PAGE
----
Strategically, Elliott’s proposed takeover offer has now put the company into play, Rooks notes, and it's possible other companies will show interest. “Will that lead tech companies to decide to leap in and try to buy it? Will it prompt other tech companies to go after athena? If it does, I would caution them to look at the treacherous path that all tech companies entering healthcare IT have experienced. For example, GE/IDX and Misys/Sunquest/Medic," Rooks says. [editor’s note: GE Healthcare acquired IDX Systems for $1.2 billion in 2006. IDX solutions were rebranded Centricity and GE is now exploring selling off parts of its health IT business. Misys, a U.K. software and services group, acquired Medic Computer Systems, a provider of practice management and medical record systems to physicians, in 1997 and bought Sunquest, an IT provider in the hospital market, for $404 million in 2001. The company then sold Sunquest six years later, in 2007.]

Rook continues, “The playing field is littered with tech companies that have tried to get into healthcare, even Siemens and SMS. It’s hard.” 

 

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Allscripts Sells its Netsmart Stake to GI Partners, TA Associates

December 10, 2018
by Rajiv Leventhal, Managing Editor
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Just a few months after Allscripts said it would be selling its majority stake in Netsmart, the health IT company announced today that private equity firm GI Partners, along with TA Associates, will be acquiring the stake held in Netsmart.

In 2016 Allscripts acquired Kansas City-based Netsmart for $950 million in a joint venture with middle-market private equity firm GI Partners, with Allscripts controlling 51 percent of the company. With that deal, Allscripts contributed its homecare business to Netsmart, in exchange for the largest ownership stake in the company which has now become the largest technology company exclusively dedicated to behavioral health, human services and post-acute care, officials have noted.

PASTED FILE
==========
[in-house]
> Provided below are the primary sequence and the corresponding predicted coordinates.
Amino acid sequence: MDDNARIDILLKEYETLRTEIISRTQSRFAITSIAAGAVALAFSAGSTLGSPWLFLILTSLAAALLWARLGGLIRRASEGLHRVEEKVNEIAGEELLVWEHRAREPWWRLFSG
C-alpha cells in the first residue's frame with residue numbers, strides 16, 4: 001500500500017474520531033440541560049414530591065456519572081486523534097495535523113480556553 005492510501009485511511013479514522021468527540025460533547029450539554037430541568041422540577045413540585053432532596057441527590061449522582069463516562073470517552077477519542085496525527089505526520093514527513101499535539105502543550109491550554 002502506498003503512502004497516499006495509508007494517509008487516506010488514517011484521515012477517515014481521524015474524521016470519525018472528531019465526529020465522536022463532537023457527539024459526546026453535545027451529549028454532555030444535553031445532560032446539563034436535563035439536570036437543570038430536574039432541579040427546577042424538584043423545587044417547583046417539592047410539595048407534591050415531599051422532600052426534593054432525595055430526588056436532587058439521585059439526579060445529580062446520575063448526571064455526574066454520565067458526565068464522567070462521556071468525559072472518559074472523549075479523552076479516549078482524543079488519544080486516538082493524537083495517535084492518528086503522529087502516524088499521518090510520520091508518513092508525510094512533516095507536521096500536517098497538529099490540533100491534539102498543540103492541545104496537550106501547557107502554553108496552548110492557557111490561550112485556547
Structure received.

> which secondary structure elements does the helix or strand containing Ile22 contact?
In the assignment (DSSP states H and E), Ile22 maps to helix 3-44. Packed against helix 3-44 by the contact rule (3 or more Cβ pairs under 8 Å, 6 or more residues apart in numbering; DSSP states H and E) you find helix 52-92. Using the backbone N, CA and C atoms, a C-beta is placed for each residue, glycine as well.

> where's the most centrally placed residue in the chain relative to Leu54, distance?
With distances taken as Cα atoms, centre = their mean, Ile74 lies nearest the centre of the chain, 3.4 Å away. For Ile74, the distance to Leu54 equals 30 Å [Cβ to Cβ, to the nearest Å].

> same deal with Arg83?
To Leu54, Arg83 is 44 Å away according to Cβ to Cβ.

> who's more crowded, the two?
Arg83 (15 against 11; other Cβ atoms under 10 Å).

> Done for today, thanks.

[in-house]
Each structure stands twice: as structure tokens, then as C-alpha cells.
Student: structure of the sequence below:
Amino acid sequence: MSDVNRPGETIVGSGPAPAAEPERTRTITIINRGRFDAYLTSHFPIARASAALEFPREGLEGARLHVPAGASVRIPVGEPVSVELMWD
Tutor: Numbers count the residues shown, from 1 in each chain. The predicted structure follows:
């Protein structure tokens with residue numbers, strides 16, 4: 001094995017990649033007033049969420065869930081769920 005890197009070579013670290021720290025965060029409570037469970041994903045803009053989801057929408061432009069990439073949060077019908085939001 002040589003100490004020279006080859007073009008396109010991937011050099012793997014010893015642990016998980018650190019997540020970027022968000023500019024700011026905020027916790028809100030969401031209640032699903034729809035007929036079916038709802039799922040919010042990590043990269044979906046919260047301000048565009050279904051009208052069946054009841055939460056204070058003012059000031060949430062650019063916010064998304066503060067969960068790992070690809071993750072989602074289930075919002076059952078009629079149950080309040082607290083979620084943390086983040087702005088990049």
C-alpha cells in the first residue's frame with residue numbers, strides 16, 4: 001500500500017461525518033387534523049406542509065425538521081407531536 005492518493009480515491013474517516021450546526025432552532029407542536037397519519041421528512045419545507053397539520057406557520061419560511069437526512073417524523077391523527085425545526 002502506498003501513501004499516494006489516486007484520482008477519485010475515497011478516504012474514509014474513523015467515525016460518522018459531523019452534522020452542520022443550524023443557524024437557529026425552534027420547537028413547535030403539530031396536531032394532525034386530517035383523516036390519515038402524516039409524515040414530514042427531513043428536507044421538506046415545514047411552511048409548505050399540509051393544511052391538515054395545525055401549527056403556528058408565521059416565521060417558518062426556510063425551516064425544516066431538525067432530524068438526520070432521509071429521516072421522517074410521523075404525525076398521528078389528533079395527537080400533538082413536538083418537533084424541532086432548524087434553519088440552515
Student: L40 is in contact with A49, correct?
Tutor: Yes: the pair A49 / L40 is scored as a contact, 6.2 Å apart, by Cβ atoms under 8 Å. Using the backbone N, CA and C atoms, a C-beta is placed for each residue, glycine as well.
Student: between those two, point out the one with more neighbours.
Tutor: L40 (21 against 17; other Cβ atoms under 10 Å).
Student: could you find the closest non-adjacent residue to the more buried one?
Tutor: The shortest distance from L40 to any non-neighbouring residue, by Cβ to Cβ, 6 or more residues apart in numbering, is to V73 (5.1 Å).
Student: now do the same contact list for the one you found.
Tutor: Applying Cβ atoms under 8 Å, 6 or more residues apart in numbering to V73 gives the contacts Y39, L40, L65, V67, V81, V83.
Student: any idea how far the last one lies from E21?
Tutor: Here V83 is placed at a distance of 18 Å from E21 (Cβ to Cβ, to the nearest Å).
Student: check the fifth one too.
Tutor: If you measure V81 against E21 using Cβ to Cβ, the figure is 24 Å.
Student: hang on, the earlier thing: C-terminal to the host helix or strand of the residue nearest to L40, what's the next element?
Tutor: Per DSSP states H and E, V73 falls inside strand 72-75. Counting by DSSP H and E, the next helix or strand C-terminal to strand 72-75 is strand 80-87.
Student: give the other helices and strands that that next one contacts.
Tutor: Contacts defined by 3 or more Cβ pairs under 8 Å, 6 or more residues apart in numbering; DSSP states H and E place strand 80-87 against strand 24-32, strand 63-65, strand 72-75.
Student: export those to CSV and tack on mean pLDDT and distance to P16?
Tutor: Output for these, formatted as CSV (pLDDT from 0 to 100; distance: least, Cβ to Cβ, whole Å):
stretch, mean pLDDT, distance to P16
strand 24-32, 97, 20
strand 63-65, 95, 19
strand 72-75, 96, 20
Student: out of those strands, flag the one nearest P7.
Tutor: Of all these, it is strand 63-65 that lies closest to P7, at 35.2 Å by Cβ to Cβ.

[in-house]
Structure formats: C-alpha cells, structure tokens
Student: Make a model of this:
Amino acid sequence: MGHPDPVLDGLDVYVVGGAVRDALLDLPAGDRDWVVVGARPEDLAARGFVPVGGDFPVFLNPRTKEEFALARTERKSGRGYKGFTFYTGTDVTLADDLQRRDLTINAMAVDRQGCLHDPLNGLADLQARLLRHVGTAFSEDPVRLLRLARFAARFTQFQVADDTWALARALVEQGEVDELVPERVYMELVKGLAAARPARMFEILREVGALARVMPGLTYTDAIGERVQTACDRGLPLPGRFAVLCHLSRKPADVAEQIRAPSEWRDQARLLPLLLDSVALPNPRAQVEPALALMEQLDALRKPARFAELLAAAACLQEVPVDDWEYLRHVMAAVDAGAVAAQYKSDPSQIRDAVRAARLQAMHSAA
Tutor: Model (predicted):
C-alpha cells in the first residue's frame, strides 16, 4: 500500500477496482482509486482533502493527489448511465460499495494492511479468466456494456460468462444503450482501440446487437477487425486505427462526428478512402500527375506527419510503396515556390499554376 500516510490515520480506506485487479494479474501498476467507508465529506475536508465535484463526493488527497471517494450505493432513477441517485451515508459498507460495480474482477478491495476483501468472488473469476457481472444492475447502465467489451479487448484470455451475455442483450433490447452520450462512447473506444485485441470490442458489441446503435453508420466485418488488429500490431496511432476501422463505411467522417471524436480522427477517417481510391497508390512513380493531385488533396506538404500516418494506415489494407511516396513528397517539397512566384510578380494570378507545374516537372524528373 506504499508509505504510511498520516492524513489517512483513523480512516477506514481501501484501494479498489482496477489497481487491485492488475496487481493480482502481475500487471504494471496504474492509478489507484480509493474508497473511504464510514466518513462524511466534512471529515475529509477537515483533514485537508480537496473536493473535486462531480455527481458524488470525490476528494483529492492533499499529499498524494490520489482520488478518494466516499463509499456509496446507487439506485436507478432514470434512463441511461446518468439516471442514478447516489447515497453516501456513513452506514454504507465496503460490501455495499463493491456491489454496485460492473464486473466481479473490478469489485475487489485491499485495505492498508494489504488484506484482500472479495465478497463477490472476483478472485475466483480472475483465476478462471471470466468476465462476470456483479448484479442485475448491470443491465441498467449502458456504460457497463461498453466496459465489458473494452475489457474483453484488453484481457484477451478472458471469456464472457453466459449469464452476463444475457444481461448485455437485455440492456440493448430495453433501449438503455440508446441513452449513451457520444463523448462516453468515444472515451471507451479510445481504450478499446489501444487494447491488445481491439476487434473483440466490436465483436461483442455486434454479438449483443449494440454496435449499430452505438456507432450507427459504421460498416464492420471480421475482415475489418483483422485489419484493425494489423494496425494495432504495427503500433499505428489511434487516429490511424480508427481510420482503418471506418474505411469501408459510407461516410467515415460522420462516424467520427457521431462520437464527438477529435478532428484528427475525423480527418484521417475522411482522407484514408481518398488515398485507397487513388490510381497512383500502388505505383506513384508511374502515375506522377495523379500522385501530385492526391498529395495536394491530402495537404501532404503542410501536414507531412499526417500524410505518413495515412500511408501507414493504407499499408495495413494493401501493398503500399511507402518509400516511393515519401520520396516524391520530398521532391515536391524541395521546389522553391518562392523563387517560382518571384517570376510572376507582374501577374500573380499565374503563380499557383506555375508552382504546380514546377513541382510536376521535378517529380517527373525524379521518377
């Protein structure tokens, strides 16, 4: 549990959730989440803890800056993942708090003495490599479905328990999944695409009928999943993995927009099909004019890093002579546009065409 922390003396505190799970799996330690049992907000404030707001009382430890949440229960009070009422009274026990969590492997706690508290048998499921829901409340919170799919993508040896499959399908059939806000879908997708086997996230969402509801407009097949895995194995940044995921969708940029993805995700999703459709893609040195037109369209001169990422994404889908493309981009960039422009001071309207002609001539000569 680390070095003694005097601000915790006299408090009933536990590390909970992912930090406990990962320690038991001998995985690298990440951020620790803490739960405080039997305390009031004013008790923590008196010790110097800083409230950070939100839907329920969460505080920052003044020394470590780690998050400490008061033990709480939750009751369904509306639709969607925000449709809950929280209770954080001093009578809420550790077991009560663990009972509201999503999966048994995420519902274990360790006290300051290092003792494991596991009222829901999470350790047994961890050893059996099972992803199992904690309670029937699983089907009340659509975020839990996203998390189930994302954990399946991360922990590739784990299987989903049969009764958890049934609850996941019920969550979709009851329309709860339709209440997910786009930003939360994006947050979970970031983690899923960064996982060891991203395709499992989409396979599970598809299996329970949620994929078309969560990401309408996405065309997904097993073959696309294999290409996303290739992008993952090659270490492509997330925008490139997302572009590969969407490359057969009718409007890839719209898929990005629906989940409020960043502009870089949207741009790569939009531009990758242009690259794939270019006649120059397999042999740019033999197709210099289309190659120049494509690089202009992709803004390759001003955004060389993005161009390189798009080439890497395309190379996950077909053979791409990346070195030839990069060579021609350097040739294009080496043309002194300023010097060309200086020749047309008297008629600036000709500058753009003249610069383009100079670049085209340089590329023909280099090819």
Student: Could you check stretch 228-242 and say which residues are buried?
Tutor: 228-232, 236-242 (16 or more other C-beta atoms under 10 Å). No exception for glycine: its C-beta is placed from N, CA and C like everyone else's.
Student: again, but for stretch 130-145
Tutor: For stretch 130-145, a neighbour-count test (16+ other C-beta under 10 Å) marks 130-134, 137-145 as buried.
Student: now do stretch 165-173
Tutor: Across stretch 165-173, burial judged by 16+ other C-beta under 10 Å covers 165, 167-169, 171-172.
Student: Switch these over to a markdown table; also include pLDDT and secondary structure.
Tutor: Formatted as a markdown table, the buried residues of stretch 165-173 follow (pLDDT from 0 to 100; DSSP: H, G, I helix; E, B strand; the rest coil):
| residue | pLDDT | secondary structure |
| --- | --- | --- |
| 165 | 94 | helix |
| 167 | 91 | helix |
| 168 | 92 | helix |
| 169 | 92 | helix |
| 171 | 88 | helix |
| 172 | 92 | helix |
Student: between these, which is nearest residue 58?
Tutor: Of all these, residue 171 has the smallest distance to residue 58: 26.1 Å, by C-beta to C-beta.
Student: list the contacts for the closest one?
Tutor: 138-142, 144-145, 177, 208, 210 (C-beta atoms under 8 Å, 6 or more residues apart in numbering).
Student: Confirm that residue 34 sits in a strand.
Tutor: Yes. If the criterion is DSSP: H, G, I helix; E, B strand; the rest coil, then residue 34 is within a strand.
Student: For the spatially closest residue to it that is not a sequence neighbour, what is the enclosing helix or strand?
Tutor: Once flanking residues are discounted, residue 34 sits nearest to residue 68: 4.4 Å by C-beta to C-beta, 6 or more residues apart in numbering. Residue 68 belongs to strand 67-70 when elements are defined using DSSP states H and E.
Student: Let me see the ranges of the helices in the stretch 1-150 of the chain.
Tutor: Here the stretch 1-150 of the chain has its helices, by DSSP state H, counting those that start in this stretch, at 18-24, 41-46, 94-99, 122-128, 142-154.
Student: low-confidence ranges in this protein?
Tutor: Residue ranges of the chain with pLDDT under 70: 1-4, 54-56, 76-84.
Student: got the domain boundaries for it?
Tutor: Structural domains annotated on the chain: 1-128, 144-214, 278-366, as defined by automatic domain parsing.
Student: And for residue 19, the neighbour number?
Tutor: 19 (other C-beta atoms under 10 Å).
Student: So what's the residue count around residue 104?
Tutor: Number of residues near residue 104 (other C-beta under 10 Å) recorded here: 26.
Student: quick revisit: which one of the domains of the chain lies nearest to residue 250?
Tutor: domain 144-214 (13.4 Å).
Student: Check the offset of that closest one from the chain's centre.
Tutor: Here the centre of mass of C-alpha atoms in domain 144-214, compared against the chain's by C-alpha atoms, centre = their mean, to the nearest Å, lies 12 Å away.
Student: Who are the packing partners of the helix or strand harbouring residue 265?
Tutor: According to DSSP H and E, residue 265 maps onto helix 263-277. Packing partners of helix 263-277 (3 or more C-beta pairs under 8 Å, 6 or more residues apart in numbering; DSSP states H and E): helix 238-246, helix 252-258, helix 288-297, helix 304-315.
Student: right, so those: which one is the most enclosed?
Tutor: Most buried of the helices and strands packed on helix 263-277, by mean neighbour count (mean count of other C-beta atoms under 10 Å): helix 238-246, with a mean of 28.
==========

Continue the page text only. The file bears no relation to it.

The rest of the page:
Now, this transaction represents an additional investment for GI Partners over its initial stake acquired in April 2016, and results in majority ownership of Netsmart by GI Partners.

According to reports, it is expected that this sale transaction will yield Allscripts net after-tax proceeds of approximately $525 million or approximately $3 per fully diluted share.

Founded 50 years ago, Netsmart is a provider of software and technology solutions designed especially for the health and human services and post-acute sectors, enabling mission-critical clinical and business processes including electronic health records (EHRs), population health, billing, analytics and health information exchange, its officials say.

According to the company’s executives, “Since GI Partners' investment in 2016, Netsmart has experienced considerable growth through product innovation and multiple strategic acquisitions. During this time, Netsmart launched myUnity, [a] multi-tenant SaaS platform serving the entire post-acute care continuum, and successfully completed strategic acquisitions in human services and post-acute care technology. Over the same period, Netsmart has added 150,000 users and over 5,000 organizations to its platform.”

On the 2018 Healthcare Informatics 100, a list of the top 100 health IT vendors in the U.S. by revenue, Allscripts ranked 10th with a self-reported health IT revenue of $1.8 billion. Netsmart, meanwhile, ranked 44th with a self-reported revenue of $319 million.

According to reports, Allscripts plans to use the net after-tax proceeds to repay long-term debt, invest in other growing areas of its business, and to opportunistically repurchase its outstanding common stock.

The transaction is expected to be completed this month.

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Study Links Stress from Using EHRs to Physician Burnout

December 7, 2018
by Heather Landi, Associate Editor
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More than a third of primary care physicians reported all three measures of EHR-related stress
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Physician burnout continues to be a significant issue in the healthcare and healthcare IT industries, and at the same time, electronic health records (EHRs) are consistently cited as a top burnout factor for physicians.

A commonly referenced study published in the Annals of Internal Medicine in 2016 found that for every hour physicians provide direct clinical face time to patients, nearly two additional hours are spent on EHR and desk work within the clinic day.